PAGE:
US Navy T-45 flights to resume, under conditions | Australia announces plans for AEGIS-equipped frigates | Rafael unveil Typhoon Mk-30cOct 04, 2017 05:00 UTC
- Following a five-month grounding, the US Navy has allowed the resumption of flights of its T-45 Goshawk fleet after issues arose with the system that generates and supplies oxygen to the trainer aircraft. Under the new flight regime, student pilots can continue training only on aircraft outfitted with a digital upgrade to the CRU-99 oxygen monitor, called the solid-state oxygen monitor (CRU-123), which provides information on temperature and oxygen pressure. The Navy plans to have all of its T-45 aircraft to be fitted with the CRU-123 by the end of the second quarter of 2018.
Middle East & Africa
- Israel Aerospace Industries (IAI) has unveiled a new unmanned helicopter that is capable of evacuating wounded soldiers from the battlefield. The firm provided a proof-of-concept demonstration for the Israeli military of the UAS, known as the Air Hopper, covering two scenarios: one simulated the carrying of a wounded soldier to an extraction point for medical treatment, with airborne monitoring of the soldiers’ vital signs, and the other was a simulated movement of logistic supplies to an isolated force on a battlefield. The vehicle is based on a small, manned helicopter with a payload of 220-397 pounds, with a flight time of two hours and speed of as much as 74.5 miles per hour. However, the firm has not given a timeframe for when the Air Hopper will be available on the market.
- Russia has commenced delivery of six MiG-29 fighter jets to Serbia, with two disassembled units arriving via cargo aircraft at a military base near Belgrade on Monday. All six are expected to be in Serbia by Oct. 20, when Russian Defence Minister Sergei Shoigu is expected in the Serbian capital. The aircraft were gifted to Serbia by Moscow at no cost, however, it is expected that modifications and overhaul of the aircraft will cost Serbian taxpayers in the region of $236 million. Other goodies promised by Russia include 30 battle tanks and 30 armored vehicles, and Serbian President Aleksandar Vucic announced plans to increase air defense, adding that negotiations were ongoing for a procurement of the S-300 air defense system.
- An agreement between Airbus and Thales will see the latter manufacture and deliver additional training simulators for Airbus’ A400M transport and refueling aircraft to the governments of France and Germany. So far, Thales has delivered five orders for A400M full flight simulators and two flat panel flight-training devices to France, Germany, Great Britain and the International Training Center in Seville, Spain, and will deliver a sixth full flight simulator to the Spanish military in 2018. Thales said the firm “is proud to have received such long-standing commitment from Airbus and we will continue to provide high-quality simulators to enable flight crews to train for their missions.”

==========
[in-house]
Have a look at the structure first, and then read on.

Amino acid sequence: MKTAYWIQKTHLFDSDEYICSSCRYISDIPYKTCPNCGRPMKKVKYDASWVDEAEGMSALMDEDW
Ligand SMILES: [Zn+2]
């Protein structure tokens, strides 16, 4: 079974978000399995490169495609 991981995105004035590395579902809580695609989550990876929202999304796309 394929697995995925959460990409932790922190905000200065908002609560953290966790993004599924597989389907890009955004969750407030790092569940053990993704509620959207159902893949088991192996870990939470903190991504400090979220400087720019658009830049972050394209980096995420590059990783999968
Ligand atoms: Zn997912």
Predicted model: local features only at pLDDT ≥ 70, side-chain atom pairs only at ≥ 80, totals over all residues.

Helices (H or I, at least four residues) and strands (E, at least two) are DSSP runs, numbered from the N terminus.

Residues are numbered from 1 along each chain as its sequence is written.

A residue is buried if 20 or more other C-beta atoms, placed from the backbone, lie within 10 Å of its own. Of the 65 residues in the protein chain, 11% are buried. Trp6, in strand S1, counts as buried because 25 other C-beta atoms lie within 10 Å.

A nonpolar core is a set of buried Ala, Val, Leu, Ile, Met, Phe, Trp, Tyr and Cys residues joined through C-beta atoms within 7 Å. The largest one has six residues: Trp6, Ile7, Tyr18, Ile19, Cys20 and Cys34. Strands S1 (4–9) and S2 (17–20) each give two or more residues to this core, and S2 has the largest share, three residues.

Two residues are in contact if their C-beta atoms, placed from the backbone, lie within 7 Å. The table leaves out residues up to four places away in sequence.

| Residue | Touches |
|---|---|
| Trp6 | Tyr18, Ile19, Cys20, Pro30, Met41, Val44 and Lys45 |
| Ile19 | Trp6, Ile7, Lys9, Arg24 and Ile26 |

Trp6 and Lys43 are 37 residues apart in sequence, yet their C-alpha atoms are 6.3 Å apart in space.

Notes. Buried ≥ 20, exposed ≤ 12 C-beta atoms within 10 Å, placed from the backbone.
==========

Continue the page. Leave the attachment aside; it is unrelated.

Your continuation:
- Australian Prime Minister Malcolm Turnbull announced Tuesday that nine of the country’s new fleet of frigates will come equipped with the Aegis combat system. The inclusion of the anti-missile defense system comes as tensions in the region flare amid North Korea’s continued testing of medium- and long-range ballistic missiles, some of which flew over Japan, as well as its sixth nuclear test on Sept. 3. Canberra’s decision to include the Aegis system will bring Australia in line with US, Japanese and Korean vessels, allowing for further international cooperation and training.
- Australia has been cleared by the US State Department for the possible purchase of GBU-53/B Small Diameter Bomb Increment II weapons. Valued at an estimated $815 million, the foreign military sale will see 3,900 GBU-53/B Small Diameter Bombs and related equipment and services delivered to Canberra by manufacturer Raytheon. Extras include weapon load crew trainers, practical explosive ordinance disposal trainers, bomb containers, support, and ground crew test equipment. Transportation, warranties, repair and return, maintenance, publications, and technical documentation round out the package. The awarding agency, the US Defense Security Cooperation Agency (DSCA), said the sale will compliment the ongoing sale of F-35A Joint Strike Fighter aircraft to the Royal Australian Air Force.
- Taiwan has completed the final operational test of its indigenous Wan Chien air launched cruise missile. Conducted on September 25, the missile was launched from an Indigenous Defense Fighter (IDF), where it flew for 80 minutes and circled off Pingtun for 200km. The 650 kg missile is guided by INS/GPS and may have a terminal seeker. Its payload is approximately 350 kg with either a high explosive, semi-armor piercing, or submunitions warhead. The submunitions warhead can reportedly be equipped with as many as 100 secondary bomblet warheads. It has been developed to conduct long-range suppression attacks against coastal inland military targets, whilst operating from the Taiwan Strait airspace.
- Israel’s Rafael Advanced Defense Systems has officially launched its Typhoon Mk-30c, the latest member of the Typhoon family of small-calibre stabilised naval gun systems. The launch was at the Pacific 2017 exhibition in Sydney, and the firm is looking to market the system to navies looking to protect their surface assets from aerial threats with limited deck space. The system is equipped with the ATK Mk44 Bushmaster cannon, which can fire NATO standard 30 mm rounds, including high explosive and air burst ammunitions, in adjustable rates of fire. These can range from single-shot mode, and up to a maximum rate of 200 rounds per minute. It can also be elevated at an angle of up to 70 degrees in order counter to target small and medium aerial threats such as unmanned aerial systems (UAS).
- Rafael’s Typhoon Mk-30c: